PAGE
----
Tuesday, May 26, 2009

Possum Magic?

One of my tasks for today is to ring a possum expert to see if he can persuade the possums in our roof to shift their party venue. I couldn’t sleep on Monday night and as I sat on the sofa reading back copies of Yachting Monthly in an attempt to induce a coma like state, I heard noises in the roof space above the kitchen. It was less the patter of tiny feet and more of a thundering herd. I googled ‘possums in the roof’ and discovered that possums are a protected species in NSW and the advice proffered is to build them an alternative home and then to gently encourage them out of the roof space with a combination of carrot and stick. The carrot, (or actually banana or apple in the case of possums) forming a trail of food towards their new handmade palatial possum house, and the stick being mothballs spread around the roof space. The other slightly unnerving bit of advice is make sure it is possums not rats. I have just stuck my head into the roof space and glanced nervously around and there are definitely rodent droppings. However given my limited rodent knowledge, I am unable to differentiate between possum and rat poo, nor I hasten to add, do I have any desire actually to develop the ability to spot rodent type by dropping, so the sooner the possum man gets here the better. Being rather hard hearted I also think if it is possums they can jolly well move back into the trees – the chances of Simon building a possum palace are remote.

The only bit of wildlife/pet around the place I am feeling vaguely friendly about are the worms in the worm farm. Historically we have chucked all our vegetable peelings and egg shells into the worm farm. However Simon has now banned all kinds of eggs being chucked in the worm bin. This is following an eye wateringly, unpleasant experience where Simon spread the worm soil over the front garden and splatted a whole egg that had been maturing in the worm compost for a good three months. I have some sympathy with his viewpoint as he was still making cat sick noises four hours later and complete strangers were crossing the road rather than walk past the front garden.

Thursday, May 21, 2009

Sick dog, battered car - does life get any more glamorous?

I realise it has been some time since my last blog post. Combination of all three children plus dog taking it in turns to be ill has proved once and for all that Florence Nightingale is a role to which I am completely unsuited. The dog has had a sore paw at which he proceeded to gnaw and lick, until we were forced to incarcerate his head in a plastic ‘Elizbethan collar’ as they are known in veterinary circles. Being a sensitive dog he found the whole experience of wandering around with his head stuck in a see through bucket, humiliating and deeply embarrassing. Likewise the girls and Simon who flatly refuse to be seen in public with ‘cone head’.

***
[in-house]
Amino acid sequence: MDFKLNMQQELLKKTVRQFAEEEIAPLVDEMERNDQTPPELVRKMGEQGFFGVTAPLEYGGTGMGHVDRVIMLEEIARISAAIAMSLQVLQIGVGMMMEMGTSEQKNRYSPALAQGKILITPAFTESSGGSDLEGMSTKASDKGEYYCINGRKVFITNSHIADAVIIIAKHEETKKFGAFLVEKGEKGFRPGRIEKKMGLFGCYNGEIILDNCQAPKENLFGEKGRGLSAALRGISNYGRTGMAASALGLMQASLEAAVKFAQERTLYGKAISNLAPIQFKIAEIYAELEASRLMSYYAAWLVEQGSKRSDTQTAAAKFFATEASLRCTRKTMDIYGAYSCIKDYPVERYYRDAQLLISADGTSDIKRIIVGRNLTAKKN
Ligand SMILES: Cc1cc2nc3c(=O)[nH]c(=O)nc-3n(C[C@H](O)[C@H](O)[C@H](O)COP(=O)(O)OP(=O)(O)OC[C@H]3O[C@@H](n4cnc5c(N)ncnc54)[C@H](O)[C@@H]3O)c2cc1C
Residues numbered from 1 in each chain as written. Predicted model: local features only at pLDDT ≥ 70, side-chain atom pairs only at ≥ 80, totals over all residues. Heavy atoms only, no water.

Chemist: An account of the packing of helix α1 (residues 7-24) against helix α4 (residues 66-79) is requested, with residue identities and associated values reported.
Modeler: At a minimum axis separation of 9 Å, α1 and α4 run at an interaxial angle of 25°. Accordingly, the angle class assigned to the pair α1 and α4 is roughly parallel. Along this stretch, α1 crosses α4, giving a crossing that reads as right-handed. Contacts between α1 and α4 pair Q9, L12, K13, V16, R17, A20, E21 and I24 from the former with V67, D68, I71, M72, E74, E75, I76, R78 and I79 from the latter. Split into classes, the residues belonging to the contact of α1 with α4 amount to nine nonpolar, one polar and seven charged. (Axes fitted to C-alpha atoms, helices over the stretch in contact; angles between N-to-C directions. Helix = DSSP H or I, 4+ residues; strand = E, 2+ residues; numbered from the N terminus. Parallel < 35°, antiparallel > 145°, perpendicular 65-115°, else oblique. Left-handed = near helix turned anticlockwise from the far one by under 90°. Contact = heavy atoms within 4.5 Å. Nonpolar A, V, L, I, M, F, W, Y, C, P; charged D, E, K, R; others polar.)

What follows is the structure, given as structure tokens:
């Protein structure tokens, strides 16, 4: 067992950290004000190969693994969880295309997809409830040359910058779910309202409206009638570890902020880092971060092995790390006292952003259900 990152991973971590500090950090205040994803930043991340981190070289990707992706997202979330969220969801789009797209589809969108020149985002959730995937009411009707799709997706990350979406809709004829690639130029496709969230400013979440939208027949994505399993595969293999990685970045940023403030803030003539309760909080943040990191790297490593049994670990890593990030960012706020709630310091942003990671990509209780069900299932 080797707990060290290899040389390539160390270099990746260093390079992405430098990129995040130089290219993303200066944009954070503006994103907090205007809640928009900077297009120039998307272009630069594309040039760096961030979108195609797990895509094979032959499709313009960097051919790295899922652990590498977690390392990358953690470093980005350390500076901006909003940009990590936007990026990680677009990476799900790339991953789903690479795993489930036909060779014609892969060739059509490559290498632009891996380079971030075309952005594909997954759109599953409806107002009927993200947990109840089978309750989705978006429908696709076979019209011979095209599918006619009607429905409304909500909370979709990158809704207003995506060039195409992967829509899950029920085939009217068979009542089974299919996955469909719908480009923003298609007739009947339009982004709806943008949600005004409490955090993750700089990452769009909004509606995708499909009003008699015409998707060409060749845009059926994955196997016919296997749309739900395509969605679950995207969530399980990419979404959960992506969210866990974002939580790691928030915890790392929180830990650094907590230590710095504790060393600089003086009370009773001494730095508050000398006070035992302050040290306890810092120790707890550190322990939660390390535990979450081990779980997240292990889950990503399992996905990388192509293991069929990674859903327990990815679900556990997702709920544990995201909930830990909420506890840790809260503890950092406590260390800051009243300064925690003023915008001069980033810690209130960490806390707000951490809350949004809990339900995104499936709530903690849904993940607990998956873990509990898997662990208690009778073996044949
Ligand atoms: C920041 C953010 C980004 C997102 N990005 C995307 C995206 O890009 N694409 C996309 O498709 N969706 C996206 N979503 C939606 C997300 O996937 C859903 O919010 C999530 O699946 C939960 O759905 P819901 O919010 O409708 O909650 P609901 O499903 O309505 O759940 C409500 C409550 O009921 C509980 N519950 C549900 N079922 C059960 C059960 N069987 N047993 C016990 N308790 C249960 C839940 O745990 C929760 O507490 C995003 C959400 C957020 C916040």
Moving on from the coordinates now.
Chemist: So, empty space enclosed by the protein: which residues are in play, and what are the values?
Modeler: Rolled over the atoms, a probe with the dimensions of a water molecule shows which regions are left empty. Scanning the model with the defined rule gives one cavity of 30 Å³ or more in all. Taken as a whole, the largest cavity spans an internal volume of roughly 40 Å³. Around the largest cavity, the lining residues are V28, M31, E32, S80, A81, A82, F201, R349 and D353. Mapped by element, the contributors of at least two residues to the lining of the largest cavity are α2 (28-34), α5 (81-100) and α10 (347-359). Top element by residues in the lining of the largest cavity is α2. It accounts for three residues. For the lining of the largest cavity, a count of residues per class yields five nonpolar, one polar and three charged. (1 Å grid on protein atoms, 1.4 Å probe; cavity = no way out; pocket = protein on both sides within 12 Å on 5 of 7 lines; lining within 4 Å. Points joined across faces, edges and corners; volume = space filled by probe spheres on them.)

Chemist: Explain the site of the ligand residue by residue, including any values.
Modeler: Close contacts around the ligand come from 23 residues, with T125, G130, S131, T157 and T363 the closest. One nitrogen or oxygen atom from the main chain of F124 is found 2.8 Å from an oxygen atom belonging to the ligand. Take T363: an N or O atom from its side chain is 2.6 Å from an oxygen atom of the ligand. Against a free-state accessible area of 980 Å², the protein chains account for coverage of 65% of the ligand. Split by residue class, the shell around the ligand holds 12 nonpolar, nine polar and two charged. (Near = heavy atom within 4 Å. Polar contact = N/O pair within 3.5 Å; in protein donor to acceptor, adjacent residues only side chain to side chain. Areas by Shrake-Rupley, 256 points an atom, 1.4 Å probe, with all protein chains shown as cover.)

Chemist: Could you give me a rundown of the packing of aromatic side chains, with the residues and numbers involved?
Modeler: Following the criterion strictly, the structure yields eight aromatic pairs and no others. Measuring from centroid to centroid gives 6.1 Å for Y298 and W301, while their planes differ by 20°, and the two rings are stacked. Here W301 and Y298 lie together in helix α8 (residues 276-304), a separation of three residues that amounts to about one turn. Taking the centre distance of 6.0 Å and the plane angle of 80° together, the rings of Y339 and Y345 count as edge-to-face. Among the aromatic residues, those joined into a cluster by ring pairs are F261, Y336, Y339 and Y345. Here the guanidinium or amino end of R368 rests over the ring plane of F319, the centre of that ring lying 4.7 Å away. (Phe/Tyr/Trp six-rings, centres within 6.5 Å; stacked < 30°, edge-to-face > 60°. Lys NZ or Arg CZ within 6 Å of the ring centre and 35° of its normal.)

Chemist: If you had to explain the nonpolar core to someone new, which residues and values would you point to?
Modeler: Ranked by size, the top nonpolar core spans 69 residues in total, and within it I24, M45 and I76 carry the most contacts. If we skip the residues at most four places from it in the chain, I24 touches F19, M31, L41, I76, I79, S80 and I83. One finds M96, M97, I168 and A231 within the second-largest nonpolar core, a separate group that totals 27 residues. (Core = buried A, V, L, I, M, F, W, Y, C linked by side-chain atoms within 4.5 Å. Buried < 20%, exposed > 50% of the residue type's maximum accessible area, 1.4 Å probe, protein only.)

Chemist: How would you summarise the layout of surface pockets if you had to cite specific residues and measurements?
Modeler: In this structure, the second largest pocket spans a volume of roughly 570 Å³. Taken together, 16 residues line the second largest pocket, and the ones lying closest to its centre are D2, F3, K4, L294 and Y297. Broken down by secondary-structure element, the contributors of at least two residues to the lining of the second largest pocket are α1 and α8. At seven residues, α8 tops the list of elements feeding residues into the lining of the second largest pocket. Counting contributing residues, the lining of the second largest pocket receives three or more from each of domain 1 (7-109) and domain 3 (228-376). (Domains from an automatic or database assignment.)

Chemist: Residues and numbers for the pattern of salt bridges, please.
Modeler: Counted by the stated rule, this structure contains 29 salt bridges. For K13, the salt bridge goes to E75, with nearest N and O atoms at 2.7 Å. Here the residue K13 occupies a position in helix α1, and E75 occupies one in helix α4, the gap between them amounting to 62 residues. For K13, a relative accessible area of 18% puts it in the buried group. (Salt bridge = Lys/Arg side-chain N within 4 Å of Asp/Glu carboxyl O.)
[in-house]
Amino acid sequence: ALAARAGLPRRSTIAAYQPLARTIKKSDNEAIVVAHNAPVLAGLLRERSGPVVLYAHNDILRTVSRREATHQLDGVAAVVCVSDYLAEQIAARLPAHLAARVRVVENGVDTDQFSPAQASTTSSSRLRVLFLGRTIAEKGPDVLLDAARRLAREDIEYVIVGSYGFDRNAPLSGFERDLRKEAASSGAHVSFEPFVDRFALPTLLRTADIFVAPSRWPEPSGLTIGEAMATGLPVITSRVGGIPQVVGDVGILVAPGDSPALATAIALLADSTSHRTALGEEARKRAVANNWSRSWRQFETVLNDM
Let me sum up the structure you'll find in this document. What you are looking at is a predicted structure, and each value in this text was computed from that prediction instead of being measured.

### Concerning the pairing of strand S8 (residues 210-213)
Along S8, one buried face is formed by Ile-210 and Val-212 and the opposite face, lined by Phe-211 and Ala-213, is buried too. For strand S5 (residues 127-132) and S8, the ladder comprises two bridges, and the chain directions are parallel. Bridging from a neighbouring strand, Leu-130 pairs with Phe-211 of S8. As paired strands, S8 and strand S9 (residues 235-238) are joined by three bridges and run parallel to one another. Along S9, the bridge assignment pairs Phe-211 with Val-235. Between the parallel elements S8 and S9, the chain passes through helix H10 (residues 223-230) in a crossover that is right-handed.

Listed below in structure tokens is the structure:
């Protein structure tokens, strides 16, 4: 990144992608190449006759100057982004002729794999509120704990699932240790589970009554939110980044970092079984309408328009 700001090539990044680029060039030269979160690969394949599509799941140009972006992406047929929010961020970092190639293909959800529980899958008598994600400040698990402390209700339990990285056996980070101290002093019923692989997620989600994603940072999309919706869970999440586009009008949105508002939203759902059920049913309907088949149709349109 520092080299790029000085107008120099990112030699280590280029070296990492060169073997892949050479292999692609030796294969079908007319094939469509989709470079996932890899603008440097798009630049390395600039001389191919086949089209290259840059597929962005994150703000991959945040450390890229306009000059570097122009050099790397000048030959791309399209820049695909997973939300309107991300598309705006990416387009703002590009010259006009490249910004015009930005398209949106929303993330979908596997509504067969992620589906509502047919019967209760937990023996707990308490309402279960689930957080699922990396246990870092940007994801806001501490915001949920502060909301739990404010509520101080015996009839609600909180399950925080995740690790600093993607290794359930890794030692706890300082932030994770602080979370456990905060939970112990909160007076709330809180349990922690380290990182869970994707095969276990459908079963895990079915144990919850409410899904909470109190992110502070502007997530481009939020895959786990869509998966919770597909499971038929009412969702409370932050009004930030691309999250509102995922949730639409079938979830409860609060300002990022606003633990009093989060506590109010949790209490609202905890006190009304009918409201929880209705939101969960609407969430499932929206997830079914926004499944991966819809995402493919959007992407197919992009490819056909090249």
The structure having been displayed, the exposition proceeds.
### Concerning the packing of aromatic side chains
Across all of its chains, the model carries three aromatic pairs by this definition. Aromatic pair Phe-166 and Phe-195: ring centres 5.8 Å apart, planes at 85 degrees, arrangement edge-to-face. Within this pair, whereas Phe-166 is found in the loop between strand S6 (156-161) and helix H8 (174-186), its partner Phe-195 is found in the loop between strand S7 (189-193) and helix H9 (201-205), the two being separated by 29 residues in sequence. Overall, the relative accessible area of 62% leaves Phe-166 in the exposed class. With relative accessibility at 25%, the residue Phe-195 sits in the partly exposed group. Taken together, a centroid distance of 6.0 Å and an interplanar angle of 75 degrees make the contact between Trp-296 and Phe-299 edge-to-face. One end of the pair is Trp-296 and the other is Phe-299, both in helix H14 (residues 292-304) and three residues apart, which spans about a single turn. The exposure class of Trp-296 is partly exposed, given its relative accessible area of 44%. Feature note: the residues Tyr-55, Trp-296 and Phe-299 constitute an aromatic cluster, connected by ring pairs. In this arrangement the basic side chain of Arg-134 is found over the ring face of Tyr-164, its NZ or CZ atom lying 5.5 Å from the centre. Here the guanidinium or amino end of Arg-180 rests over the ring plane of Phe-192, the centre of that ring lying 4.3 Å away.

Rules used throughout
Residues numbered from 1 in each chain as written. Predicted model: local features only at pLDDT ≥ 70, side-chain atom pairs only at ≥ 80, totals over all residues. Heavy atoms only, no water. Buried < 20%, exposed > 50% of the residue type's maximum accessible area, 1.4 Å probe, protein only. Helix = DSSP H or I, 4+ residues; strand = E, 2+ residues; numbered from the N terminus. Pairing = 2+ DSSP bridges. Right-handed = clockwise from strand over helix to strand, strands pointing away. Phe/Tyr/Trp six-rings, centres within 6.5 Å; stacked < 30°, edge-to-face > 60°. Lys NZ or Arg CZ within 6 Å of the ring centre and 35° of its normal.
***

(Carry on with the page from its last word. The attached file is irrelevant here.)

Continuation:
It’s been wet and grey in Sydney all week, though not nearly as wet as areas of Queensland where they have had ALL their normal annual quota of rain in the last three days. As a result of the intermittent, very heavy showers in Sydney, my washing has been hanging morosely on the line for days. Yesterday the resulting clothing crisis was such that I was reduced to putting on a pair of Drama Queen No. 1’s pants as all of mine were hanging sopping on the line. Apart from being a bit of a medical miracle that I managed to get into them, DQ no.1 being built like a racing snake, I was then overcome with horror at the thought of being run over and taken unconscious to hospital clad in a pair of red pants with ‘cupcake princess’ emblazoned on the front.

The car has been in the smash repair outfit all week. It is a sad reflection of life, or perhaps my driving skills, though I have to say this time I was completely the innocent party, that I am on first name terms with the smash repair man. He waves me a cheery goodbye after each visit whilst presumably making a mental note to reorder more of the sickly green, metallic paint necessary to restore the car to gleaming good order. The only upside of the whole thing was that courtesy of the other party’s insurance I got a very flash Audi to drive round for the week whilst the dents were being bashed out and lashings of paint applied. As usual with any car I drive, the indicator and windscreen wipers were swapped around with the result I have spent the whole week waggling my windscreen wipers suggestively at motorists rather than indicating.

Tuesday, May 12, 2009

Autumn leaves and sick children

Beautiful autumn day with a blue sky of startling clarity behind trees in the last ebb of autumn leaves. The mornings are getting colder which is bad news given our heating system is looking decidedly dodgy and in the interests of safety we decided we should probably have it serviced before we turn it on. However despite what I hoped was a winning tone rather than a downright pleading whine, the earliest date for a service was June 13th. Keep your fingers crossed for a warm spell, otherwise we may be forced to turn it on regardless, in which case Pluto the dog could have a new canary like role in testing for carbon monoxide.

State primary schools in our area take their school band and orchestra programmes very seriously. DQ No. 3 plays saxophone in the school band and has to attend two forty-five minute practices a week with a professional band master. At this time of year things start getting a bit serious, as all the school bands compete in the Yamaha Festival in June. As part of the build up, the two school bands and the orchestra go off for a weekend to get in some serious and concentrated practise. Band camp is a major undertaking, involving over eighty children, seventy parent volunteers, lots of music tuition and practise interspersed with child amusement activities. The highlight as a volunteer parent is sleeping in a children’s cabin – basically my annual bunk bed outing.

True to form when I picked DQ3 up from school on Friday ready to ferry her up to the camp, she was clutching her head and stomach simultaneously whilst moaning piteously. In order to put things into context, DQ3 could be renamed Lupine Girl as she cries wolf so often and is the past master of the sore tummy/headache technique, so my sympathy was limited; wrongly as it transpired.